SALT LAKE CITY — Still without answers weeks after their father wasn't given dialysis treatment and died in prison, family members are suing a long list of prison and hospital employees.

The lawsuit filed in U.S. District Court by Ramon C. Estrada's children says their father died due to "a shocking degree of deliberate indifference and reckless disregard" for his medical needs. Estrada, 62, died April 5 after a dialysis technician who provided treatment to several inmates didn't come to the Utah State Prison for two days.

On the third day without treatment, a Sunday, Estrada died of apparent cardiac arrest from renal failure as prison staff prepared to take him to University Hospital.

The civil rights lawsuit names Scott Crowther, Utah State Prison warden; Richard Garden, the prison's clinical services bureau director; University of Utah Health Care, which was contracted to provide dialysis at the prison; Arsalan Habib, medical director for the South Valley Dialysis clinic; and 20 staff members from the prison and the hospital who have not been identified.

"The family has not been able to get information about the investigation, about what exactly has happened here, so we're trying to piece it together from what little has trickled out from the prison and the hospital," Alyson McAllister, the family's attorney, said Friday.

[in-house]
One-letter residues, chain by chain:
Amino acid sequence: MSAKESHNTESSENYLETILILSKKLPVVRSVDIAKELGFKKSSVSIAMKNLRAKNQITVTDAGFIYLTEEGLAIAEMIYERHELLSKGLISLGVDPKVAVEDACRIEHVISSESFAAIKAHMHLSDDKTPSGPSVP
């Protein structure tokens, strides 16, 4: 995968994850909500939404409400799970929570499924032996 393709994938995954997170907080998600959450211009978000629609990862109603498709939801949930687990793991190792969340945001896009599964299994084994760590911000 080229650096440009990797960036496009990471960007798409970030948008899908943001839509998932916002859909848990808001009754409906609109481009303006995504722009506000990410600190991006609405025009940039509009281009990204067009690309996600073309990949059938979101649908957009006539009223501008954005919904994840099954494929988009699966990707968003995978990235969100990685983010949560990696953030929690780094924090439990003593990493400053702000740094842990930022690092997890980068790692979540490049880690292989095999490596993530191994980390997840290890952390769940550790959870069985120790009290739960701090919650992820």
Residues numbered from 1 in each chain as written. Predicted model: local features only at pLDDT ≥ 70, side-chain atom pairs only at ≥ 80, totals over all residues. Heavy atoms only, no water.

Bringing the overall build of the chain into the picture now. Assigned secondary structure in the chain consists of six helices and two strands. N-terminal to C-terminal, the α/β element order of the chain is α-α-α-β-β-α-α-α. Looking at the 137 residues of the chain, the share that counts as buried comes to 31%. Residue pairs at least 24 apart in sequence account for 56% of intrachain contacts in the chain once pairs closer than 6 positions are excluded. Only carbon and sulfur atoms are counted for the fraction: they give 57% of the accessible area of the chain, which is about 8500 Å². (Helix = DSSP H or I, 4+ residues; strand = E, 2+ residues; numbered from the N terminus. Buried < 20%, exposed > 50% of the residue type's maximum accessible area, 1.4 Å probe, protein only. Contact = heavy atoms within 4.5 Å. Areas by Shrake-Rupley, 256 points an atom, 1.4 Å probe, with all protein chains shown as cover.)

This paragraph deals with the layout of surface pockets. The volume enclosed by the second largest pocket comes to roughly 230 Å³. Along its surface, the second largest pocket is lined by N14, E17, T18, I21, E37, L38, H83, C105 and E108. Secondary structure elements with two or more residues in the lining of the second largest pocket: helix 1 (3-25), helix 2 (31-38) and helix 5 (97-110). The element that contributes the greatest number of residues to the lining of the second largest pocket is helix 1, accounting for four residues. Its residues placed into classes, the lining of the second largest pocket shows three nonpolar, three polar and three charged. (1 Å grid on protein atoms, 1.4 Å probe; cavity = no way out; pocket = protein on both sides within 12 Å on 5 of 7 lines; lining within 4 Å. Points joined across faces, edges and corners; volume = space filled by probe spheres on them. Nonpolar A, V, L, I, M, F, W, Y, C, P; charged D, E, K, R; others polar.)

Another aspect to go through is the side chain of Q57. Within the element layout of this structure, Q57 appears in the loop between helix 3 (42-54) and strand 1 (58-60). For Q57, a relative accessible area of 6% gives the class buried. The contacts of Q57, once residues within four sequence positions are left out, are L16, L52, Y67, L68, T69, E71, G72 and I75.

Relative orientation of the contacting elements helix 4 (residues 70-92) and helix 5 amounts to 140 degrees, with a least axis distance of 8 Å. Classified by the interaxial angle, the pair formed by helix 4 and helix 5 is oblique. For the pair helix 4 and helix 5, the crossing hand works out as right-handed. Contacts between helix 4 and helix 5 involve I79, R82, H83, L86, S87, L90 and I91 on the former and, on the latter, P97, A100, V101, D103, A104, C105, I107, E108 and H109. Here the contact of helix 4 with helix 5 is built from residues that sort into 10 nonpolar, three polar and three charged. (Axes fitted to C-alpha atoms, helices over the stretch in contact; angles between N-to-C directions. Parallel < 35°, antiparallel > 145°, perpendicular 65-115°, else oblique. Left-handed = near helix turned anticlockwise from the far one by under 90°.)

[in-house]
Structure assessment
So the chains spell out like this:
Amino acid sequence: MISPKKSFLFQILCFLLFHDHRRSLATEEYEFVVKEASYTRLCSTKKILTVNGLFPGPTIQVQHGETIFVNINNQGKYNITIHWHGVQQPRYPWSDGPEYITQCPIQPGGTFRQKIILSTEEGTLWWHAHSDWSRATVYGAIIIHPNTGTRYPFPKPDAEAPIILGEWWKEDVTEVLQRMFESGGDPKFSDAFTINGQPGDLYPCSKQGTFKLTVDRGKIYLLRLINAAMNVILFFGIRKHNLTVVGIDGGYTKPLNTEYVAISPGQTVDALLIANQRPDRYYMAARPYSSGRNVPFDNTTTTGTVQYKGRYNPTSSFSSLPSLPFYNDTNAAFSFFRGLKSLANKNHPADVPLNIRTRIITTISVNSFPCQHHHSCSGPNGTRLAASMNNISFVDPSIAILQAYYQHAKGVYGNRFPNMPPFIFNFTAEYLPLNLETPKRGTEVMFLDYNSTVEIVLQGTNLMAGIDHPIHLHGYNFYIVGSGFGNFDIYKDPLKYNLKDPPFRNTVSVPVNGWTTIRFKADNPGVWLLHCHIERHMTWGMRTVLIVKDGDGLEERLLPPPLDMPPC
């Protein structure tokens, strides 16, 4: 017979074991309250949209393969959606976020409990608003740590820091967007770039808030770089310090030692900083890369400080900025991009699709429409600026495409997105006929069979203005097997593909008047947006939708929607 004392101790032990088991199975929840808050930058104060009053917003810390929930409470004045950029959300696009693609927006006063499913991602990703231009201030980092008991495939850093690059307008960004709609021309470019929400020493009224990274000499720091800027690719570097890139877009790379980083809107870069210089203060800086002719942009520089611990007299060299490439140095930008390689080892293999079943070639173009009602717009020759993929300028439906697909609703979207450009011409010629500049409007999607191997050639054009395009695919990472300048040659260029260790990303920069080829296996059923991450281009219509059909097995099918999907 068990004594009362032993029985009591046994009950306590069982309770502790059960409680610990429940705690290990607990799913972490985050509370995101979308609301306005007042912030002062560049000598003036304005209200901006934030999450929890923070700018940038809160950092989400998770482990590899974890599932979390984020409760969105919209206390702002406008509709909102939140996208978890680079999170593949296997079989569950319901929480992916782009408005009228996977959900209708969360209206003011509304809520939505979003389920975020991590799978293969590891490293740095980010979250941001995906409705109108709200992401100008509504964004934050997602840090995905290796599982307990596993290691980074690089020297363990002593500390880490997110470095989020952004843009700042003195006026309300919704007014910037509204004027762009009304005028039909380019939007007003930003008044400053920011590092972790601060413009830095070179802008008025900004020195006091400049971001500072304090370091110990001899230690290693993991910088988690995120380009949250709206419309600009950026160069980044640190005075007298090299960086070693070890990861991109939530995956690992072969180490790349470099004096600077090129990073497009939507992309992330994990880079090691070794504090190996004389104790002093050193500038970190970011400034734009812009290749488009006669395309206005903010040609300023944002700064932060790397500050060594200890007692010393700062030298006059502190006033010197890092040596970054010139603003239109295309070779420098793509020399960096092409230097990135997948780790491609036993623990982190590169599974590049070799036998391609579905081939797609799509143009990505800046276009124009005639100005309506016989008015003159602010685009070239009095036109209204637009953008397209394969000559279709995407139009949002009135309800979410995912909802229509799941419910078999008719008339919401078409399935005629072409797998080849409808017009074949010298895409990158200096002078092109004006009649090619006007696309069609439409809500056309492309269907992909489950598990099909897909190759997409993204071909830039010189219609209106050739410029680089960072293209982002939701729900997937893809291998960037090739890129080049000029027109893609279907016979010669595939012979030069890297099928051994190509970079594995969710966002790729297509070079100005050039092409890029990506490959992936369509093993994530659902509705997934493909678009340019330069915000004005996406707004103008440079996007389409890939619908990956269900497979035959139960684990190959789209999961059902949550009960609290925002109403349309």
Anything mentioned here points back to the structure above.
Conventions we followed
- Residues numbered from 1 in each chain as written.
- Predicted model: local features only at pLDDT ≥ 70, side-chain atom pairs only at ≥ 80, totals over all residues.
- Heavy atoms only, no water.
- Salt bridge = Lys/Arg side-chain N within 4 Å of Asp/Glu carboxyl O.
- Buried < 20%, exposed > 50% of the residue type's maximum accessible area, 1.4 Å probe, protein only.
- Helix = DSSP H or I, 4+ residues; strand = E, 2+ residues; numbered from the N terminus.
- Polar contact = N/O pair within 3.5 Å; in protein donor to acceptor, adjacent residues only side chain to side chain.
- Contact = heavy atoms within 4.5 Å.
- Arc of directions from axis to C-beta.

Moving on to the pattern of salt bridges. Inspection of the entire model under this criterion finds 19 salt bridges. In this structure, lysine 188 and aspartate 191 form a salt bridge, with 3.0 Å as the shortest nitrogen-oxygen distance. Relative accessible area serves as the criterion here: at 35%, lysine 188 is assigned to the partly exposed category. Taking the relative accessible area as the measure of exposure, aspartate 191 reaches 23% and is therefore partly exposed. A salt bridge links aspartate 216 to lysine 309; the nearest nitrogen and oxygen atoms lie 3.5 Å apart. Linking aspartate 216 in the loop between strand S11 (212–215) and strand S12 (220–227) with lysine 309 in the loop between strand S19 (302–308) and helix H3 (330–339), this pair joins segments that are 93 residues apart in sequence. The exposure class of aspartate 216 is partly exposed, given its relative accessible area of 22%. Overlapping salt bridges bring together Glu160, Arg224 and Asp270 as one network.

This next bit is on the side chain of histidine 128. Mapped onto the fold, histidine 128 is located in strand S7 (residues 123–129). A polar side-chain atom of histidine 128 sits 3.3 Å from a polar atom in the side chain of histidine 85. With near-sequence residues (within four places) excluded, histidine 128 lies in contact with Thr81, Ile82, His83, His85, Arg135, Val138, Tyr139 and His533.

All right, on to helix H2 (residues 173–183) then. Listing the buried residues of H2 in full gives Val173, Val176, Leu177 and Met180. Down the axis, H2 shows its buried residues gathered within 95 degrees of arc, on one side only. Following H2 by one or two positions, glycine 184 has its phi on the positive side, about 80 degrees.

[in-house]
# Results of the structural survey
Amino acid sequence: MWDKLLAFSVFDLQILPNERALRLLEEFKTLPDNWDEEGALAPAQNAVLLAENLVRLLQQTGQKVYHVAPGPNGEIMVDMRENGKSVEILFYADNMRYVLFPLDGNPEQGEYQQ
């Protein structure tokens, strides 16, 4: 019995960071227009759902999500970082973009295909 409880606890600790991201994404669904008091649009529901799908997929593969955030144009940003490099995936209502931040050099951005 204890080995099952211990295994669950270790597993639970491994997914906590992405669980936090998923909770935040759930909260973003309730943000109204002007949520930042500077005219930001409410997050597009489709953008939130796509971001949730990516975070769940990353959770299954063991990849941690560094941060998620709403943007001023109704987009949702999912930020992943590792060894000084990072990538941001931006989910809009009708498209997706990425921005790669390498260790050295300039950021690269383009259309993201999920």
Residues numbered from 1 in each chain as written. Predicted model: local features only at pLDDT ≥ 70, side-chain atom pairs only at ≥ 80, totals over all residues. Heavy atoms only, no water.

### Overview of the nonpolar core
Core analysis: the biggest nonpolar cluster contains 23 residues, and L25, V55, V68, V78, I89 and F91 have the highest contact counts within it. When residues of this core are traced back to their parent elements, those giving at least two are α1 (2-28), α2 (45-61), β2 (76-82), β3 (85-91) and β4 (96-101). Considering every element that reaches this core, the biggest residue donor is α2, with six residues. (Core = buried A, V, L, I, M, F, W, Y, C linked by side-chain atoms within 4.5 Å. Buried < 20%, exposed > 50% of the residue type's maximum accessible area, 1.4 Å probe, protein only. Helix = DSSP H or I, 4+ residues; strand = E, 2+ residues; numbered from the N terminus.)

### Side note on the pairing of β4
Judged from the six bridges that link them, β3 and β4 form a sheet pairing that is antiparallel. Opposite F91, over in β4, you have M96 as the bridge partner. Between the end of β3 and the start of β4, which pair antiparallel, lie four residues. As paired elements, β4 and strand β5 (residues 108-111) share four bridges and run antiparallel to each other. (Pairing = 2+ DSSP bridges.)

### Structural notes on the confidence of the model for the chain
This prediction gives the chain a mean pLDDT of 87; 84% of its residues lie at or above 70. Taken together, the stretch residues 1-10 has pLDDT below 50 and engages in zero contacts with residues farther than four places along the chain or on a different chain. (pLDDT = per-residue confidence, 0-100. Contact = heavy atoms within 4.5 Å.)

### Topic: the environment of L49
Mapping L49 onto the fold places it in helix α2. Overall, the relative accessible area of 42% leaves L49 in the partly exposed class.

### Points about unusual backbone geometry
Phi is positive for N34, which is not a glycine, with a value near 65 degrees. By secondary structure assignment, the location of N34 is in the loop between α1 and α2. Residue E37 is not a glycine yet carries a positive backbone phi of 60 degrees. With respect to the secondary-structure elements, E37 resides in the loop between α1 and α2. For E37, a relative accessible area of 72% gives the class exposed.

Estrada's four adult children live in Texas.

A University of Utah Health Care report released April 22 found that two dialysis technicians had arranged to switch shifts for the weekend, but no one went to the prison to provide the treatments. The technician who agreed to cover the shift failed to note the change on his personal calendar. Investigations by the prison and Unified police are still underway, but little additional information has been released.

"The prison (staff) knew that this person was supposed to be there, and not only did this person not come, no one came," McAllister said. "It's more than just negligence, it's deliberate indifference."

Estrada's family claims they haven't received any updates from the prison about their investigation or what changes have been put in place to prevent a similar incident.

"It's been several months and they still don't know exactly what has happened," McAllister said. "Their two big concerns are finding out what happened and trying to make sure that it doesn't continue to happen."

In April, however, University of Utah Health Care officials said changes had been implemented, including an improved scheduling notification and alert system.

So far, none of the six additional inmates who were scheduled to receive treatments along with Estrada have contacted McAllister about the lawsuit.

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The complaint doesn't specify an amount for monetary damages, but asks for compensation and punitive damages as well as costs for attorneys fees.

A spokeswoman for the prison said Friday that prison officials aren't commenting on the lawsuit because they haven't officially received it and are still conducting an internal investigation. A spokeswoman for University of Utah Health Care also declined to comment Friday.

Estrada, a citizen of Mexico, was just two weeks from parole when he died. He was sentenced to prison in August 2005 after being convicted of rape.

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